On 16 January 1867 Regent’s Park in London was witness to the worst ice-skating tragedy in British history. In this special blog post, we take a look at how the newspapers in our Archive can help us understand exactly what happened that day, by hearing from the voices of those who were caught up in the catastrophe.
At about a quarter-past four, when a large number of persons were skating and sliding on the western side of the lake upon an area of water probably of six acres, the ice suddenly, and without the least warning, gave way and broke into thousands of pieces. From one to two hundred persons were immersed.
This ‘dreadful skating accident at Regent’s Park,’ which saw 41 people lose their lives, from all walks of life, is best described by those who experienced it themselves. One of the survivors was a Mr Dunton, of Frederick Street, who narrates his experiences in the Oxford Chronicle & Reading Gazette, 26 January 1867. He was on the lake with his two children, when ‘without a second’s warning the ice seemed to glide from under us, leaving us in water quite five feet deep.’
He goes on to describe the harrowing experience in the following terms:
Such a sight I hope never to see again. Quite 150 persons were struggling for life. Heads and arms were to be seen all around amongst the broken masses of ice. Two yards from me a little boy was drowning…I stood in this position for nearly half an hour, sinking down in the mud deeper every minute, until the water reached my chin. I held my children as high as possible above water until I felt my legs being cramped with the cold. I said to the eldest, ‘Is there any help coming, Fred? Wave my walking-stick, for I am sinking down in the mud.’ Presently the boy said, ‘Father, a man is swimming to us, and we shall be saved.’ On looking round I saw a brave young fellow plunging through the ice towards me.
Indeed, the newspapers of the Victorian era do not shy away from ghastly and gory details, the Oxford Chronicle & Reading Gazette offering graphic descriptions of the corpses subsequently recovered from the lake, their faces being of ‘a purple tint with intense congestion, and there was froth about the teeth, the lips being widely separated.’
But as much as the newspapers of the time seem to revel in the dreadful details, the Luton Times & Advertiser describing the ‘terrible accident’ which such abundant relish, emphasising the ensuing ‘lamentation, mourning and woe,’ they also pick out the good to arise from the accident.
One man’s selflessness is recorded in the Oxford Chronicle & Reading Gazette, as he stood for ‘upwards of an hour on a deserted piece of ice in the Broad Water, not uttering a request for succour until he found that he was the last of the survivors.’ He eventually was rescued by a pleasure boat, and ‘coolly took up an oar, as if nothing had happened.’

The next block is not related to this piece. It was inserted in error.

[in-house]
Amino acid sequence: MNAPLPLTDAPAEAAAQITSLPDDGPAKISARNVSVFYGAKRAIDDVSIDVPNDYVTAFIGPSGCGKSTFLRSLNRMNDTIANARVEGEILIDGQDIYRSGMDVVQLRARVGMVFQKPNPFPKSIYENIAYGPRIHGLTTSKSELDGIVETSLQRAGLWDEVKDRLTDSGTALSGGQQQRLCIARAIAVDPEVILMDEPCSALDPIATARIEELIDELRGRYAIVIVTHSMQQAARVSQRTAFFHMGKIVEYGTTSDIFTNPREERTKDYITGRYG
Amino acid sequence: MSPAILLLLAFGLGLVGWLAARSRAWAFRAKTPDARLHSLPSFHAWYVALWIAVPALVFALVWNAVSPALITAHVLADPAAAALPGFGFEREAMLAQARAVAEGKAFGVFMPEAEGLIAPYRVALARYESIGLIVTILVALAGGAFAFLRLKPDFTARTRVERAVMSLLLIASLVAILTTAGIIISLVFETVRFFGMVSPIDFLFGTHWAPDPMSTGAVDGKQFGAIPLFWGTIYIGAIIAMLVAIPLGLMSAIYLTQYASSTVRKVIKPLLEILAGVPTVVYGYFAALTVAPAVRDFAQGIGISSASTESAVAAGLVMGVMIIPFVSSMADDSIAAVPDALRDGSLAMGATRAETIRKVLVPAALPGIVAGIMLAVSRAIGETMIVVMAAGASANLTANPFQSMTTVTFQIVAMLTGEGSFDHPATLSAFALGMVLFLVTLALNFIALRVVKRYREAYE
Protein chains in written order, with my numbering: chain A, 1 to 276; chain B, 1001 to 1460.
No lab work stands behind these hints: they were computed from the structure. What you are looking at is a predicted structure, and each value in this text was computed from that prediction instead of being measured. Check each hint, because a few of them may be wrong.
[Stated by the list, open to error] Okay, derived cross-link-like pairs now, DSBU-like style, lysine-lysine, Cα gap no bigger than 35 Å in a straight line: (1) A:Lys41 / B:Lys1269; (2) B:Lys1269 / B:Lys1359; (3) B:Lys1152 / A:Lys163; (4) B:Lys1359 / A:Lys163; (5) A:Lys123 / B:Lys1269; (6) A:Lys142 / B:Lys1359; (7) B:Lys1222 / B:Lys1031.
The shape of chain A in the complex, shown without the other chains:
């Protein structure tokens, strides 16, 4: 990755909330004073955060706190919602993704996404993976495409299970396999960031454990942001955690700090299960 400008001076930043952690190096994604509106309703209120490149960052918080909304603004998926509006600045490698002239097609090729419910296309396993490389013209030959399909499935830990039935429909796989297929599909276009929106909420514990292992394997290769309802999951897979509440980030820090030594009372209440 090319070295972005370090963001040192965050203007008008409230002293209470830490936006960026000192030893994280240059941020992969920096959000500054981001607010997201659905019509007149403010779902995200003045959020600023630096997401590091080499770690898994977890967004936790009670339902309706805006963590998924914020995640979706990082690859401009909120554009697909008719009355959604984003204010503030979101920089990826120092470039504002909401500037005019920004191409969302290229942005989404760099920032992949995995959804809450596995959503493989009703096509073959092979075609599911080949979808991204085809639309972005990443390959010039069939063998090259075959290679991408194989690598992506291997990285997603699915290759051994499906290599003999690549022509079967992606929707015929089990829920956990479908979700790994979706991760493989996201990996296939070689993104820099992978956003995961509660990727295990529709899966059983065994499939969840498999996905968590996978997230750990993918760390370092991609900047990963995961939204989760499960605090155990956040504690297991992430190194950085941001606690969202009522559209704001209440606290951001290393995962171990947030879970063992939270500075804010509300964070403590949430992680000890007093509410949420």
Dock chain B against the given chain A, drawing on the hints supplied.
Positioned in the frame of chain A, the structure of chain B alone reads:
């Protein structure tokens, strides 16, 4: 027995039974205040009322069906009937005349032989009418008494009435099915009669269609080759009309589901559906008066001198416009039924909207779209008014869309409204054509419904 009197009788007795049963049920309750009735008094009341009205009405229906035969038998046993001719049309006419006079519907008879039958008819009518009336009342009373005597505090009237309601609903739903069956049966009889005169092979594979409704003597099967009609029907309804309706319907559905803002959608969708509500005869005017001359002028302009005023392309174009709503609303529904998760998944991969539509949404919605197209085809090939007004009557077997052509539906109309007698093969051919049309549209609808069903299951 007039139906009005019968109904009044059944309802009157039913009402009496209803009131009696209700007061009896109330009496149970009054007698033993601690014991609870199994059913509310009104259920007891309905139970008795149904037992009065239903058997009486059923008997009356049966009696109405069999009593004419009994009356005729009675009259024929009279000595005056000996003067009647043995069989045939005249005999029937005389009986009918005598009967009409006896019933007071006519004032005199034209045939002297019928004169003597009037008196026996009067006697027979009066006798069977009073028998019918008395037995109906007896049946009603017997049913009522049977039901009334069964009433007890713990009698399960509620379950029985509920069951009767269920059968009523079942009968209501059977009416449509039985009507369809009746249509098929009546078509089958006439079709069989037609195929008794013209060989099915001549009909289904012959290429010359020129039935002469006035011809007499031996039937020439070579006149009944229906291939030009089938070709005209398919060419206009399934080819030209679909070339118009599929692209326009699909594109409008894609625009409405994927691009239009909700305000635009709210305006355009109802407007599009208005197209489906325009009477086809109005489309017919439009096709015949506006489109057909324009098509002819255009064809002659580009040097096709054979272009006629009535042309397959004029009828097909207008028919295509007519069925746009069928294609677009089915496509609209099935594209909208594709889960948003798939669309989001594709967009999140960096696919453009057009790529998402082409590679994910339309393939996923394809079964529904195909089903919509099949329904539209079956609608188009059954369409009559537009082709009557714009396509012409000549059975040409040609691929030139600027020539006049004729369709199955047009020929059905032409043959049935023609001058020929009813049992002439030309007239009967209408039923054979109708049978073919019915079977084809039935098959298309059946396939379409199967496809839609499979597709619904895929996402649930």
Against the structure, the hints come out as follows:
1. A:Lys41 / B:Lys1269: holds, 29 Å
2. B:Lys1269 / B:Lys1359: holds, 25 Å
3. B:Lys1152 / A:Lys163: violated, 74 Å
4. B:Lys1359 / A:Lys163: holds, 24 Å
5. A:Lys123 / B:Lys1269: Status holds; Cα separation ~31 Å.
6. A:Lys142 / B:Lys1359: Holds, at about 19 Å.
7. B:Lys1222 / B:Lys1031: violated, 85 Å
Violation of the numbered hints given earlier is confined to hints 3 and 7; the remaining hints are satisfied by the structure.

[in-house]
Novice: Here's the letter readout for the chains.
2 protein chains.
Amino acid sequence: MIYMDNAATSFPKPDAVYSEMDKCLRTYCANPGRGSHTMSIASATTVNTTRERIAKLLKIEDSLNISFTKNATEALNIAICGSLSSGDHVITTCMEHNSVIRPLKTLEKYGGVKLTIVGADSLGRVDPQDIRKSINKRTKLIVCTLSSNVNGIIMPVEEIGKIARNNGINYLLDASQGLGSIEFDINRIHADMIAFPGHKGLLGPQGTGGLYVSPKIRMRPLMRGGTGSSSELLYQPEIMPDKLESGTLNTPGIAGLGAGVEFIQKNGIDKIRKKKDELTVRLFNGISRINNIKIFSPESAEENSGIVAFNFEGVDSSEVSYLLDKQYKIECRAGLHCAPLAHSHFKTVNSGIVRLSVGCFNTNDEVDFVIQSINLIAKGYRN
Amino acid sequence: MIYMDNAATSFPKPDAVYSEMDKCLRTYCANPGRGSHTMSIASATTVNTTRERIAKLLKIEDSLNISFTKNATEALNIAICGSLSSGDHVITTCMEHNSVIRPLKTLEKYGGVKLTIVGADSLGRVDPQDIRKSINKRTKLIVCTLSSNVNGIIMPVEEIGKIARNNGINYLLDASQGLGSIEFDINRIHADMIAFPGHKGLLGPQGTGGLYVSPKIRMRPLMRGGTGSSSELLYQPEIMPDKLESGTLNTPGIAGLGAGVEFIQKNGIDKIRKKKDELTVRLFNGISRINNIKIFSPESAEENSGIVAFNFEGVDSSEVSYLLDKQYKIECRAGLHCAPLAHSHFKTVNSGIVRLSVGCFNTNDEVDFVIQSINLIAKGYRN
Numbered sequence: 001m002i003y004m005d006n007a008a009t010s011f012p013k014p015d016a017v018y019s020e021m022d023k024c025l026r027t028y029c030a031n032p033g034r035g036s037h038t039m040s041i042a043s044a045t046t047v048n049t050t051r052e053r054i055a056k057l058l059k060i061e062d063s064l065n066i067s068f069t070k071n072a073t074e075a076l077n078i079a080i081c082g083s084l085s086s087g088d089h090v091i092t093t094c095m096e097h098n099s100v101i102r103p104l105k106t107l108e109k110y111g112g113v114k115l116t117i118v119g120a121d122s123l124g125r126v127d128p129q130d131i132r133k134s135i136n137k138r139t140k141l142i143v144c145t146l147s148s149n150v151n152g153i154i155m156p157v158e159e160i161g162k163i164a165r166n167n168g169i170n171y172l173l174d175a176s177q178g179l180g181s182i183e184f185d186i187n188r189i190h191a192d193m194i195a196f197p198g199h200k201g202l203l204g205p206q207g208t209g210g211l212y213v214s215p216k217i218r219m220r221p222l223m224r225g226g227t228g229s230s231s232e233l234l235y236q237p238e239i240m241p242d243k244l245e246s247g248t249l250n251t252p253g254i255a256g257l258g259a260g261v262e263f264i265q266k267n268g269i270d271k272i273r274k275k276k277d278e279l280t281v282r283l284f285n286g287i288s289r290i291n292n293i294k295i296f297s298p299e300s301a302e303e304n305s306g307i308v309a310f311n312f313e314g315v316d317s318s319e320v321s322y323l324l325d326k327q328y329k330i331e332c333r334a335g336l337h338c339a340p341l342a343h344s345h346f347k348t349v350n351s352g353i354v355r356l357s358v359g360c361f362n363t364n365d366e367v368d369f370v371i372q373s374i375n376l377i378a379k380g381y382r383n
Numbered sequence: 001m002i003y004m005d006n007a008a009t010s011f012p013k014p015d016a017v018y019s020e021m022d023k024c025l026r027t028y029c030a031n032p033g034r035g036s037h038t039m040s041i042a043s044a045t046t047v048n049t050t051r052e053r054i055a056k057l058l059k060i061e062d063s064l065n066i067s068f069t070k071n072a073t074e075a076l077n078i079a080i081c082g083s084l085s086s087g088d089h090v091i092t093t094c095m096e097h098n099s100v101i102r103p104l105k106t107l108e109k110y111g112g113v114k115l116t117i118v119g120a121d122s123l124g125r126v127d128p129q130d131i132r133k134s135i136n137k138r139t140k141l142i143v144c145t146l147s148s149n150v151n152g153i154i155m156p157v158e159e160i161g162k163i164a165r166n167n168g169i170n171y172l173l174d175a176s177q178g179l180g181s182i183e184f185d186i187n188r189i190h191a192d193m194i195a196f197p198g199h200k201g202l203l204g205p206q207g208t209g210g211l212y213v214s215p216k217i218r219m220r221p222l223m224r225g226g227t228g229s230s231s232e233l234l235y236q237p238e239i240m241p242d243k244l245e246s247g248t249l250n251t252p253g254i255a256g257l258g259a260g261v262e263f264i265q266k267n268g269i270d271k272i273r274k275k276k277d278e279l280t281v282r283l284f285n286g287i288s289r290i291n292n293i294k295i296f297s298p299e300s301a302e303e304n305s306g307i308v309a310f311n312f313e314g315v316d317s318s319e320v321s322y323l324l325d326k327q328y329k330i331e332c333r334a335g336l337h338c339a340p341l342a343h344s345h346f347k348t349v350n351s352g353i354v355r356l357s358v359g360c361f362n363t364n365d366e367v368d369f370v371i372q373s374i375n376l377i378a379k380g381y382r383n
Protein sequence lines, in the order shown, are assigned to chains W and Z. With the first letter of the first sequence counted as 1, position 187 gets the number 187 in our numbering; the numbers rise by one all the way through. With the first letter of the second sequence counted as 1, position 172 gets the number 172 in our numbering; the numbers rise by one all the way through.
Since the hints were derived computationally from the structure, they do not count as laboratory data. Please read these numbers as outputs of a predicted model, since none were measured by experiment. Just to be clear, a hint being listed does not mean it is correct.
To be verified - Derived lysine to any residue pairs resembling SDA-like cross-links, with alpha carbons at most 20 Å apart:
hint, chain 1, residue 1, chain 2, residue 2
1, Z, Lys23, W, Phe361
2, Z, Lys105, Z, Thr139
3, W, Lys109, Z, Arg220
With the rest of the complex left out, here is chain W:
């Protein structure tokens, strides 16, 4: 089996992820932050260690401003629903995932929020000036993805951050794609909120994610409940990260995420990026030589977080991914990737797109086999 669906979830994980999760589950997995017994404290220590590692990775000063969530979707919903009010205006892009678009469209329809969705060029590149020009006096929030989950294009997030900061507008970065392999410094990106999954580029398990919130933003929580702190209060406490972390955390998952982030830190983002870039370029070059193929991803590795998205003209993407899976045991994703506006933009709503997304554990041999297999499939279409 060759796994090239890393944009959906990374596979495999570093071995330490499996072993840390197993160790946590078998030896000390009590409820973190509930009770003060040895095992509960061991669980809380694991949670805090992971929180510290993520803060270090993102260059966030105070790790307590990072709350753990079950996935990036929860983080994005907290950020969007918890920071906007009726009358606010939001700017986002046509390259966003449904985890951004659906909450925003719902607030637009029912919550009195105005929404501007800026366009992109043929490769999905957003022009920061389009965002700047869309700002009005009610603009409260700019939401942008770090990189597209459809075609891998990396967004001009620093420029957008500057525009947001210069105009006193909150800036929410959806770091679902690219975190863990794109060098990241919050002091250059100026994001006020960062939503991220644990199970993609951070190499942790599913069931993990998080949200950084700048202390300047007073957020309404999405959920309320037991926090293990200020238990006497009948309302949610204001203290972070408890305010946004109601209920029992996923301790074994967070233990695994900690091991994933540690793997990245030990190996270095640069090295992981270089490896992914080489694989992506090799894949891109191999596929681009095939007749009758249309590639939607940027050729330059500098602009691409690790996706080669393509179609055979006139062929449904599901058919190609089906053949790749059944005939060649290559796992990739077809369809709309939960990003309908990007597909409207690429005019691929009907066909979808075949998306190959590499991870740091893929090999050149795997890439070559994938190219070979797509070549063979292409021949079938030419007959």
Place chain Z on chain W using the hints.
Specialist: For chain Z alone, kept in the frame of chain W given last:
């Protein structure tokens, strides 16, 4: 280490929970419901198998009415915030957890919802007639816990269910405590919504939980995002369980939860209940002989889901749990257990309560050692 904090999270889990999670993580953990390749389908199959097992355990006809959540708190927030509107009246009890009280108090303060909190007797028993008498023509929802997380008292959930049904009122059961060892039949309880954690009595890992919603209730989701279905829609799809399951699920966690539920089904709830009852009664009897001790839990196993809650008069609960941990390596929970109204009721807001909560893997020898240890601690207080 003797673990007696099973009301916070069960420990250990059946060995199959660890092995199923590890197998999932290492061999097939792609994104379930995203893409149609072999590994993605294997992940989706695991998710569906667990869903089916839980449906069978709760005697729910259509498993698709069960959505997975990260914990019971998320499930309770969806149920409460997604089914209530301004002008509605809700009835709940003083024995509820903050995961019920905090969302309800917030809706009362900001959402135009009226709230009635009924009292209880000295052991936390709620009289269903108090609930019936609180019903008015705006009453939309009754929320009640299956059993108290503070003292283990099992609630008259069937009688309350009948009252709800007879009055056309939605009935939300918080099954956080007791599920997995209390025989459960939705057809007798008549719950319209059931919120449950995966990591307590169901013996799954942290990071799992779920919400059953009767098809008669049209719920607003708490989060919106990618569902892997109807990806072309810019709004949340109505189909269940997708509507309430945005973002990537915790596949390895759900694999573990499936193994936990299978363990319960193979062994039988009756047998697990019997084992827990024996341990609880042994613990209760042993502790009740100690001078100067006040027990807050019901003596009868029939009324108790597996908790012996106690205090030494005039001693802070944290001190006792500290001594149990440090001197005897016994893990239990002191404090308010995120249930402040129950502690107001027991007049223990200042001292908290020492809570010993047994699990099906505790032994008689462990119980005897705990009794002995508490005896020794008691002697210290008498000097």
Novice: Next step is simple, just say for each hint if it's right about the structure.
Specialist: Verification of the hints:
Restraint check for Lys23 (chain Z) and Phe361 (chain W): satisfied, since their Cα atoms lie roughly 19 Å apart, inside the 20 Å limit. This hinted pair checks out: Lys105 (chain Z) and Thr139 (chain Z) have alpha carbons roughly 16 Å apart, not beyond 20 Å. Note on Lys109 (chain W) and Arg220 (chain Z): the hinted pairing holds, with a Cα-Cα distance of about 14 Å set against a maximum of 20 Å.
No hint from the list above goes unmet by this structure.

The newspapers of the time also highlight the extraordinary impact of the accident. In a society divided very much into the have and have nots, with the rich often very rich and the poor very poor, the tragedy did not discriminate between the classes. The Glasgow Evening Post observes:
Every grade of society was represented by the mourners for the lost ones. Ladies of station were sorrowfully looking after sons who had not returned last night to the homes they had left yesterday morning full of life…Poor Irish women who earn an honest penny by the sale of oranges were ‘keening’ at the gate, and wildly calling upon the name of the husband who brought his hot chestnuts yesterday among the skaters at the park, and ventured his life and lost it in selling them.
The list of victims, printed in the Waterford Mirror & Tramore Visitor, shows the varying classes of people on the lake that day. Listed as among the deceased is H Woodhouse Esquire, of Tavistock Square, and an officer, Lieutenant R Edwin Scott. Alongside them were many working men, just trying to earn a living from the skaters at the park.
One of the dead was James Griffin, aged 29, of Drury Lane, who was selling oranges to the skaters. He was in the midst of the melee when the ice broke, and lost his life. Meanwhile, John Bryan was selling roast chestnuts when the ice broke up. His portable stove was later surfaced with his body.
The operation to retrieve bodies saw fishermen from Kew dragging their nets along the bottom of the lake, and also divers in the latest equipment scouring the water. They later likened the experience to ‘being in a dark room.’
There was some debate as to the cause of the accident. One witness, a medical student named Caleb Whitford, blamed it upon iceman breaking up the ice near the edges of the lake, a practice which was intended to prevent people from accessing the islands. However at the inquest, held at the Marylebone Workhouse, iceman Alfred Ward refuted this claim, blaming the sun, men playing hockey on the lake and people jumping on and off the ice.
Whatever the cause, the results were truly tragic, with a large and indiscriminate loss of life. What emerges from the newspapers of this time is a human impact of this tragedy, largely forgotten now over 150 years later.